L. Hanson: I can certainly discuss a specific example that we have — combination products. These are the fertilizer and pesticide combination products where we have a phase-out of the use of those products. I believe the last date of retail sale for those products is the end of 2012. Certainly, we have identified certain risks with those products. They tend to be, in those cases, on the value side of the equation, in that the product was not meeting our standards for best practices with respect to lawn care, in terms of weed control. That's just an example of the type of phase-out program that we can have.
B. Bennett (Chair): Okay. I think that when you submit the answers to the questions that we provided you, it would be useful to get that explanation of how you deal with the phase-out process. I think what I heard was that if the risk is significant enough you can yank the product immediately, but you assess the risk of phasing it out as opposed to just yanking it. I think you should explain that in a paragraph or two, if you don't mind.
L. Hanson: Certainly.
R. Fleming (Deputy Chair): I'm going to ask one of the questions that was submitted to you last week, but maybe just try, if the signal is clear, and get something on the record today. That was about something that's taken off your website that reads: "The PMRA laboratory scientists evaluate the product chemistry data that companies must provide as part of the submissions for registering any pest control product."
The question I want to ask is one, I think, that probably comes up a lot and you are used to answering. That is to ask Health Canada if they rely on and require industry to supply the data. How does your agency manage the real or perceived conflicts of interest for this scientific evidence? In other words, how do you deal with…?
Maybe there are some real-life examples where there could be, even though it would be horrible and criminal to do so, cases where studies that have results that do not support the registration of the product — which are done by the industry that hopes to market and sell and make money commercially off the product — might be suppressed, versus the studies that show a non-correlation or the safety that your agency would be checking the validity of — that those ones go forward.
I'm not saying that I know this to true, but because the independence of the studies is not there — it's an industry-supplied model that you operate under — how do you manage the perceived and perhaps real conflicts of interest?
L. Hanson: I guess there are a number of points, to begin on that. Again, this goes back…. If you referred to the presentation that I did last October in describing the numbers of toxicology studies, for example, that are required to register a product in Canada, there are well over 200 toxicology studies, types of studies that are required to register a product in Canada. Certainly, the larger registrants have their own laboratories where those studies are conducted. Many of the studies themselves are conducted by other third-party laboratories.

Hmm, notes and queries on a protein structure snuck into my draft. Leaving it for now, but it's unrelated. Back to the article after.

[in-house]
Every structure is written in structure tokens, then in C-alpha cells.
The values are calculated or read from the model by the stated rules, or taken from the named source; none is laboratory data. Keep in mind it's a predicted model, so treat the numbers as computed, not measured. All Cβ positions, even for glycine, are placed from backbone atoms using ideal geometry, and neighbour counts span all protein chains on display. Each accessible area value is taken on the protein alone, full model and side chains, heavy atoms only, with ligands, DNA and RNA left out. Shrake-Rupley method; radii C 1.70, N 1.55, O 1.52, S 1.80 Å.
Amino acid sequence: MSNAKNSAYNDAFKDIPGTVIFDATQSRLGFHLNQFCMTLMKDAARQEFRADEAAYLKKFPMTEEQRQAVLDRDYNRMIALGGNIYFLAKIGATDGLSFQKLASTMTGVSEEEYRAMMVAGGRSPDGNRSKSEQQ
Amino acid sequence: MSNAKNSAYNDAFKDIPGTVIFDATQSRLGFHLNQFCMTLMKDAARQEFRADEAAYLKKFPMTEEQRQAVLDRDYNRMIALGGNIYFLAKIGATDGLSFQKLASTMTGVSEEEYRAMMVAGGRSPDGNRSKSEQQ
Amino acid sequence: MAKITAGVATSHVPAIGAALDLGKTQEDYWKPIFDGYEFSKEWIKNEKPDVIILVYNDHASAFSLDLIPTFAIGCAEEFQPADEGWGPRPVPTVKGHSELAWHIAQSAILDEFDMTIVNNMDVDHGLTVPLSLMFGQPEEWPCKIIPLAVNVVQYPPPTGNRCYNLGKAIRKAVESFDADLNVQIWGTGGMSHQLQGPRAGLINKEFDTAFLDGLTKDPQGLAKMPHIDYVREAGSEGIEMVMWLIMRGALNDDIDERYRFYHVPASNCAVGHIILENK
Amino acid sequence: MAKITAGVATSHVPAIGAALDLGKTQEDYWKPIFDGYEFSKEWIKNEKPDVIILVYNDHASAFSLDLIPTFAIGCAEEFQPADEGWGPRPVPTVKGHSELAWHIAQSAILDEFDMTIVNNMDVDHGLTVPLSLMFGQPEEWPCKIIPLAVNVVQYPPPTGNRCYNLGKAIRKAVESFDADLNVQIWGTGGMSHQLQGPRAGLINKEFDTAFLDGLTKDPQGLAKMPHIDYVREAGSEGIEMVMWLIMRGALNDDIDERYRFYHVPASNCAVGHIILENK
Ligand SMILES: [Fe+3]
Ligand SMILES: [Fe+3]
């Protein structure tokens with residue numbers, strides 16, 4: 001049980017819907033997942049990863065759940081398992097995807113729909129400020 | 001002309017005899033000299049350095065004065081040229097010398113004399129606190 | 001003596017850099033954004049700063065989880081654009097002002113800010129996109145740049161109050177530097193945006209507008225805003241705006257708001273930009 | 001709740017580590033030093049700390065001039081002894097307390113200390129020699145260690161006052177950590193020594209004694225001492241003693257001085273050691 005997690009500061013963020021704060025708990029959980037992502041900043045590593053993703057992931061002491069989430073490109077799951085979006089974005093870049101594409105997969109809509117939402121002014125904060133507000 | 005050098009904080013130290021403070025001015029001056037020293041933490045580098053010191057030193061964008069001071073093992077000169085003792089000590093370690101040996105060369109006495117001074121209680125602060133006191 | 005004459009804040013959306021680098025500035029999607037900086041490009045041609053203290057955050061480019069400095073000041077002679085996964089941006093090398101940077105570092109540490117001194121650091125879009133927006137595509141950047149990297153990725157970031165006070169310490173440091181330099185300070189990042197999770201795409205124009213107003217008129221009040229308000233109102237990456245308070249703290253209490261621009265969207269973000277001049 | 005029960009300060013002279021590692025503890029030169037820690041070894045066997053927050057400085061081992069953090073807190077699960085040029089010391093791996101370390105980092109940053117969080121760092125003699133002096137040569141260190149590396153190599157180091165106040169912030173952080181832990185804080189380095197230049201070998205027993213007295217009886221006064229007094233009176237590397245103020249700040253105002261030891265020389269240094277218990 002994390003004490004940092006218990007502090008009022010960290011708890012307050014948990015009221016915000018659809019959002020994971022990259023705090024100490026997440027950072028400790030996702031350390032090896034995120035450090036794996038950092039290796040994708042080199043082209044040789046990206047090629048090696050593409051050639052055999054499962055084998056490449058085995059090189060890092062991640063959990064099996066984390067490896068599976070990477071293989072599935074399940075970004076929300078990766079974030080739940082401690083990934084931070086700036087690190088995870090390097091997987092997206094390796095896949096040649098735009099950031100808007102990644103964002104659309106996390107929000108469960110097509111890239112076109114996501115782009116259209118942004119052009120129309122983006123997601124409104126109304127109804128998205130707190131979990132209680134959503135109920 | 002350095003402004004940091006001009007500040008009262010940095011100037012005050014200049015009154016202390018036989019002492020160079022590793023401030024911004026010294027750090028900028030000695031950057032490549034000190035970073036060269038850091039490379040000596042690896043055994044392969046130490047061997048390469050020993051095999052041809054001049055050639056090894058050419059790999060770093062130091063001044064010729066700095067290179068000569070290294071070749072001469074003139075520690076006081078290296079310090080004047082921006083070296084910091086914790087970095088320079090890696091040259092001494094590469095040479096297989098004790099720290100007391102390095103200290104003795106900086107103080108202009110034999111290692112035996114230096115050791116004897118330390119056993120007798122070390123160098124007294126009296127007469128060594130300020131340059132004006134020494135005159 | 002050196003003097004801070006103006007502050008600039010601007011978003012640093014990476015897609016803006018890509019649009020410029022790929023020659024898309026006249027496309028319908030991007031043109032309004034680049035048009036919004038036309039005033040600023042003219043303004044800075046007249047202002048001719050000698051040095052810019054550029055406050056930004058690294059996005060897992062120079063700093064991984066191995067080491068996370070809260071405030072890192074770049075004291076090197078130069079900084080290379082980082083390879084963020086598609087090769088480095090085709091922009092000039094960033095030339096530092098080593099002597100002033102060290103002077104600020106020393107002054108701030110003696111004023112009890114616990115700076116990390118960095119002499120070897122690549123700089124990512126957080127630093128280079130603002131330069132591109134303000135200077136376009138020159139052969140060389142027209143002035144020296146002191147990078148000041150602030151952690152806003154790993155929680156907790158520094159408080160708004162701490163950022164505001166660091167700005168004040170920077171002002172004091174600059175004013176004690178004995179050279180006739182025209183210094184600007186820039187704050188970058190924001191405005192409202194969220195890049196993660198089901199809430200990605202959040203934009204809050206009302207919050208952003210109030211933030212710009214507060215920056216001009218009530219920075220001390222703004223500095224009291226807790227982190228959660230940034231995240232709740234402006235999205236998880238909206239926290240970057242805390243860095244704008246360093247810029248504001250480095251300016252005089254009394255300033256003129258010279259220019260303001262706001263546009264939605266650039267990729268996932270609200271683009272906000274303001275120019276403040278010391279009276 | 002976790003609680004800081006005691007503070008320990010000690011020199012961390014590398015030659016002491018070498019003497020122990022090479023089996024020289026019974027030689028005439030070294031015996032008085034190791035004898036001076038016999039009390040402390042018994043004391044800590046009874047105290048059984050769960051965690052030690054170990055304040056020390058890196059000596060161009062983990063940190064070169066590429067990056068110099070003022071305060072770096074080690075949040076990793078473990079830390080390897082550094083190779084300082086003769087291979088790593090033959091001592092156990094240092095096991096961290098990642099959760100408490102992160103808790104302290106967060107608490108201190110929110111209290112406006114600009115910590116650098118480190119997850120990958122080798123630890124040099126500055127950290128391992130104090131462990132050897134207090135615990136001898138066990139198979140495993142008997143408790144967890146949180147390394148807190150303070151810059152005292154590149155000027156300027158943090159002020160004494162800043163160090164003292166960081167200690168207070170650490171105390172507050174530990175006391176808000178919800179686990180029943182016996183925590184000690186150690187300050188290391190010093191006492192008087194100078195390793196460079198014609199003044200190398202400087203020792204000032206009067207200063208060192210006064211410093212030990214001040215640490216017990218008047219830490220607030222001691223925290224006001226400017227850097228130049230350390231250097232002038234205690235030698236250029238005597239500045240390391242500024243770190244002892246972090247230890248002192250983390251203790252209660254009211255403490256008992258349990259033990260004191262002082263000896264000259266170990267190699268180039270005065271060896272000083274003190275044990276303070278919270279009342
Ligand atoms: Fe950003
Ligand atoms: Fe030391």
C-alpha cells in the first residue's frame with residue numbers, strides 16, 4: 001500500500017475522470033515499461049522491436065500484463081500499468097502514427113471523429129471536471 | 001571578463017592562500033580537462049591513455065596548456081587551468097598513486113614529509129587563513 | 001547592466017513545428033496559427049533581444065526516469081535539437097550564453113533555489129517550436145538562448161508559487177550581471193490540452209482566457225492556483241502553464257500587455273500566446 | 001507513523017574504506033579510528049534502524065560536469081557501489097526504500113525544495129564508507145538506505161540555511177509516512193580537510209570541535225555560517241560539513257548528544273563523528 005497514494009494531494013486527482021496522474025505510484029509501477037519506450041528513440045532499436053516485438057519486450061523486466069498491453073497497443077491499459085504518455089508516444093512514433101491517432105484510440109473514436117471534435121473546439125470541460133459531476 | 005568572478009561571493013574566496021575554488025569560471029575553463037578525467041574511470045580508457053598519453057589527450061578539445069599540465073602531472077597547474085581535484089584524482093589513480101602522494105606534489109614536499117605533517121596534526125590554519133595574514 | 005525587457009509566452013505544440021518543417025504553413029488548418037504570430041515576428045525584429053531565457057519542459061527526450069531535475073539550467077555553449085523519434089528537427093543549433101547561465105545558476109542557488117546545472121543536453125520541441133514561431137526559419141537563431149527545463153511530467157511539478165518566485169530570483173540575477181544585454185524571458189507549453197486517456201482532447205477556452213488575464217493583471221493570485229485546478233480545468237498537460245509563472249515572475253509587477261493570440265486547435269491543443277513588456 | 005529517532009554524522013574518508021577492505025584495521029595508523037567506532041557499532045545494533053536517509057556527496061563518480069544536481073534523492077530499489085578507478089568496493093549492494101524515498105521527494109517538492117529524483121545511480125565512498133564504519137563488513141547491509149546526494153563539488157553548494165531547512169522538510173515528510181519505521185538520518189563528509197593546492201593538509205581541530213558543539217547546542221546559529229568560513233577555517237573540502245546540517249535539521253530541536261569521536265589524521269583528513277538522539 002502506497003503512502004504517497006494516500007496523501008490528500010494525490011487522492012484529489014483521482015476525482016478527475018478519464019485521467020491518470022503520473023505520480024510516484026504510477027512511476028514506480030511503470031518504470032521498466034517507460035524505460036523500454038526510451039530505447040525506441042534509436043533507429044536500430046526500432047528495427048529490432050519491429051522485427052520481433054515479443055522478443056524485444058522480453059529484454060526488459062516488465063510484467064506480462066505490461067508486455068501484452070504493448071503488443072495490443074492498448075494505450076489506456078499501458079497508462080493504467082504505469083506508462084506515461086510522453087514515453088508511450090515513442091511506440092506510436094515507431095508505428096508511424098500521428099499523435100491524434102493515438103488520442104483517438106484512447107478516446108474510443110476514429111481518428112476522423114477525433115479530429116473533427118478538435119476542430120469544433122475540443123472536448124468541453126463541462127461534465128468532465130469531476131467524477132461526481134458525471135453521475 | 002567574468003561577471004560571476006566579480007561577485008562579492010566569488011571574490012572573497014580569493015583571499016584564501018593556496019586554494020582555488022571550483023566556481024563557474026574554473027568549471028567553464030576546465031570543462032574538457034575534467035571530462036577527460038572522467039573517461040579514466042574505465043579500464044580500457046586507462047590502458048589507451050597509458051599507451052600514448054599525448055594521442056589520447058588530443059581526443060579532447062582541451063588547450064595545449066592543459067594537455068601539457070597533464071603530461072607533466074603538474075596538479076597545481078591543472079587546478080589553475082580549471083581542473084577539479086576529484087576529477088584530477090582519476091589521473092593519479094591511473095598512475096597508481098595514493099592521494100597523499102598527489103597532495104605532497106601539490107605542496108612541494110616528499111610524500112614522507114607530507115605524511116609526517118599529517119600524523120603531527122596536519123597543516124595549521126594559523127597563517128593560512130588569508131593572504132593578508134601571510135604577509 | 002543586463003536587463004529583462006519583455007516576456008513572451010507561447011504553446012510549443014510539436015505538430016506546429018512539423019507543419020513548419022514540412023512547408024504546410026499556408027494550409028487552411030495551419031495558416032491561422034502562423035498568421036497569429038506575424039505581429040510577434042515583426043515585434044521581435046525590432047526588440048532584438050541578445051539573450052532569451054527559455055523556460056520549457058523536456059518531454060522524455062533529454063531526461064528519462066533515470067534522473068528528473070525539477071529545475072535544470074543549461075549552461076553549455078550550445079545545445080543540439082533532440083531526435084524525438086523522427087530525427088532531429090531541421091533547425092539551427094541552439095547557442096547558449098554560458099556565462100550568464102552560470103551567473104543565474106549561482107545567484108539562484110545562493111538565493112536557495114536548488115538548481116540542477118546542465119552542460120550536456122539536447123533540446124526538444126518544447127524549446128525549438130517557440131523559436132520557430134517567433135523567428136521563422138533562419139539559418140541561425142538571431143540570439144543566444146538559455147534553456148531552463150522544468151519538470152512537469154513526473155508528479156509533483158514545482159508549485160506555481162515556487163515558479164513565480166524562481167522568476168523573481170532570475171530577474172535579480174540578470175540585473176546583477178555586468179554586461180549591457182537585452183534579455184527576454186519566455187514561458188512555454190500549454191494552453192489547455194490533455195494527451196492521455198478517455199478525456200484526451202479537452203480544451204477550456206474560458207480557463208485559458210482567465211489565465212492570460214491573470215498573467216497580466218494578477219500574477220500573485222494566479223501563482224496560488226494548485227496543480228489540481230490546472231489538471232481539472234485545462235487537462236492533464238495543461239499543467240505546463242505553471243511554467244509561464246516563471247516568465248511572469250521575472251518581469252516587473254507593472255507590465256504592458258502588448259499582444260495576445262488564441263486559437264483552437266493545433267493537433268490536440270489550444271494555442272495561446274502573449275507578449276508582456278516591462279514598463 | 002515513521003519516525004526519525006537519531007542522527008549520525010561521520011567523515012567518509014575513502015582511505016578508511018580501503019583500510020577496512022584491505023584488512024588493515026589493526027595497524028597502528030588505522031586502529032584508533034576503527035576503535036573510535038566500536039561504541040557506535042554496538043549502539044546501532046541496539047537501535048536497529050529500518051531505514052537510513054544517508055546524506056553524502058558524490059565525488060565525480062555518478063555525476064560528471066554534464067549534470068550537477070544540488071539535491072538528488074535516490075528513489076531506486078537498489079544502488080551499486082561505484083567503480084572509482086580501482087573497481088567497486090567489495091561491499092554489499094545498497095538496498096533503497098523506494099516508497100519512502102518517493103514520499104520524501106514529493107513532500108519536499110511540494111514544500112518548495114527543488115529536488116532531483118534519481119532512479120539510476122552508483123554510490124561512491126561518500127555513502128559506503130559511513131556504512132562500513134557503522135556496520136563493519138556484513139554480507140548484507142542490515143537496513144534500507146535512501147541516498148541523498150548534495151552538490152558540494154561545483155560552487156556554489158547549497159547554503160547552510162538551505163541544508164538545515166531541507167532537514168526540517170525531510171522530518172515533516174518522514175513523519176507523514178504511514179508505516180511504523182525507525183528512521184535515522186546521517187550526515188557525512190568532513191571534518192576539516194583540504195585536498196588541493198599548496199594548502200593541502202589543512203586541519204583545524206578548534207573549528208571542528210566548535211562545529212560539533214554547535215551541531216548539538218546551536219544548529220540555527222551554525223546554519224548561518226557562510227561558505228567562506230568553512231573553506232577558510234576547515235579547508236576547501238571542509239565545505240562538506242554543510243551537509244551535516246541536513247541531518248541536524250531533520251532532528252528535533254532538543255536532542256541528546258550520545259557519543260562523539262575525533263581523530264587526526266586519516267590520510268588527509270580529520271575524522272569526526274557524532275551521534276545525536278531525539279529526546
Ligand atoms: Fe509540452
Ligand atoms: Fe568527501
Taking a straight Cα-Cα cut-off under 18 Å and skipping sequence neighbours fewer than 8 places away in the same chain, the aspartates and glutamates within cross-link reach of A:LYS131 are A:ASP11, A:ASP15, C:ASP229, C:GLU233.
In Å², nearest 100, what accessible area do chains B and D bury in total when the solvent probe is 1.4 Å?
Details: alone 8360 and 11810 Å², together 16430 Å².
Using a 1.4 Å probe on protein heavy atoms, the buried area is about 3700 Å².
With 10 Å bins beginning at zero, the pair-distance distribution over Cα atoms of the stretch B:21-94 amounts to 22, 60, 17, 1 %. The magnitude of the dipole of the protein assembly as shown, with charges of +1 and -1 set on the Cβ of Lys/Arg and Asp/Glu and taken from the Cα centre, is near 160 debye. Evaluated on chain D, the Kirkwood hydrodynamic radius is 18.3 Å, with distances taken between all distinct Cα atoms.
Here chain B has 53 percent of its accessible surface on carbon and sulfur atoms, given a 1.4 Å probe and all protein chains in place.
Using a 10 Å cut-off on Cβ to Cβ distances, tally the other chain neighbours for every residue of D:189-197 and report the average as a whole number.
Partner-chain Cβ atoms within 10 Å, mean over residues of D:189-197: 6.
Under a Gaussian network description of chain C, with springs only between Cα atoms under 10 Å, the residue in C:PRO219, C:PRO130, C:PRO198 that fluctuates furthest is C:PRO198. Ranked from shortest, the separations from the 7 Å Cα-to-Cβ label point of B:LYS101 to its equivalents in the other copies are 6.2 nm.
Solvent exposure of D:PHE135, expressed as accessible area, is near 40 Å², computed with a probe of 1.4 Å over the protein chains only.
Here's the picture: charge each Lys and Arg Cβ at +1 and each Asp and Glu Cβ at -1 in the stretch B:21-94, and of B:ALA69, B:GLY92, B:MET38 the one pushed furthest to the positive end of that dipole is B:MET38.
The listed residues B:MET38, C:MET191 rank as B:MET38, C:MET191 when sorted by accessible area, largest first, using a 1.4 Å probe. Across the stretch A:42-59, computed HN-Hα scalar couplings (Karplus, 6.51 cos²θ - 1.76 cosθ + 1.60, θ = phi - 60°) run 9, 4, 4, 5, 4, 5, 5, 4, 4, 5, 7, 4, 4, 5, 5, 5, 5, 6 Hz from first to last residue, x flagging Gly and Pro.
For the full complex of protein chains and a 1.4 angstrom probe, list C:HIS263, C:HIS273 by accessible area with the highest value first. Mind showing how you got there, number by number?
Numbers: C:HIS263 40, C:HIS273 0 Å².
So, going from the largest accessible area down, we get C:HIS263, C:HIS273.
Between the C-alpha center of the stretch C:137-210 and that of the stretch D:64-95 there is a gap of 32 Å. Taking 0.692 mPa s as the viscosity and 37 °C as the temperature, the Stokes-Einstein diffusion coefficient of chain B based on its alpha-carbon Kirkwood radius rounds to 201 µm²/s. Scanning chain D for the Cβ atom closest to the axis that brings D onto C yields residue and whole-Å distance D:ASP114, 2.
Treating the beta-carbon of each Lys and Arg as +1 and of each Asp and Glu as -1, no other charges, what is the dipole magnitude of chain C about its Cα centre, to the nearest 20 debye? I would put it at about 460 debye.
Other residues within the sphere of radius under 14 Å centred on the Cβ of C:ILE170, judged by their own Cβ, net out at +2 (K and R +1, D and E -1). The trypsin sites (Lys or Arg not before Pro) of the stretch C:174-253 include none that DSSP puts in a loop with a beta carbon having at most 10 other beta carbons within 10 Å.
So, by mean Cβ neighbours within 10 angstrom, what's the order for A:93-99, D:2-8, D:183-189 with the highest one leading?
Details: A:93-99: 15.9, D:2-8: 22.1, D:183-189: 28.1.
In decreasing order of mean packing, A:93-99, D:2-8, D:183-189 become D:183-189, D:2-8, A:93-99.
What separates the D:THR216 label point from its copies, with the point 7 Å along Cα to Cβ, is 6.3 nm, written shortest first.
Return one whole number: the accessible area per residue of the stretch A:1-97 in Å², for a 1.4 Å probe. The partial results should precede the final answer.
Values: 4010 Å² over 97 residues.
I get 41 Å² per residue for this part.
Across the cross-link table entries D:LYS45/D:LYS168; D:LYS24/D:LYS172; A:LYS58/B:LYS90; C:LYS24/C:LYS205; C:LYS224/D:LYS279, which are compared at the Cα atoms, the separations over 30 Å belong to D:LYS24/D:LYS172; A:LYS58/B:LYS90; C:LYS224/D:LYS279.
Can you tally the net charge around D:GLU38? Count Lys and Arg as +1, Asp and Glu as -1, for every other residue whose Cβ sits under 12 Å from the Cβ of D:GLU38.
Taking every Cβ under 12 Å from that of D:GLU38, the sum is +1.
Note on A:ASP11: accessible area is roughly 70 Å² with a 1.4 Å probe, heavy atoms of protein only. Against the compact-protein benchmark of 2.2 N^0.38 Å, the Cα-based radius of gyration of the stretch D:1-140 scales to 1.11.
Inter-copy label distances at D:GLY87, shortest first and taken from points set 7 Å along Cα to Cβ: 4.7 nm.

I think a key component of looking at that data is that, first of all, that data is required under our legislation. They have to meet specific data requirements. Those studies are required to follow OECD guidelines. These are the guidelines that are used around the world in terms of looking at that specific data set.
When those studies come in, certainly it is the job of our evaluators to act as the peer reviewers. The studies are required to come in with all of the raw data. If you recall, I showed you a picture of how large a particular study is — thousands of pages of data that are required to register a product. Our evaluators do act, certainly, as
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the peer reviewer of that data.
Within those studies themselves, again, there are certainly good laboratory practices, better follow-up and quality assurance programs. Those laboratories, as well, are audited — looked at to make sure that they are following those programs.
You've probably heard of the millions of dollars that are spent to conduct particular toxicology tests. The recordkeeping is really extraordinary in terms of the detail that is required to conduct a toxicology test. Again, that information must be supplied to us. So really, when we talk about studies that are required at the PMRA, again some of them are conducted by those large companies, and some are conducted by third-party laboratories.
I can also tell you that those laboratories, particularly with the larger companies, also are doing work in the pharmaceutical world. Those types of studies are typically the same types of studies that are conducted for human pharmaceutical drugs as well.
B. Bennett (Chair): Satisfied with that, Rob, or do you want to…?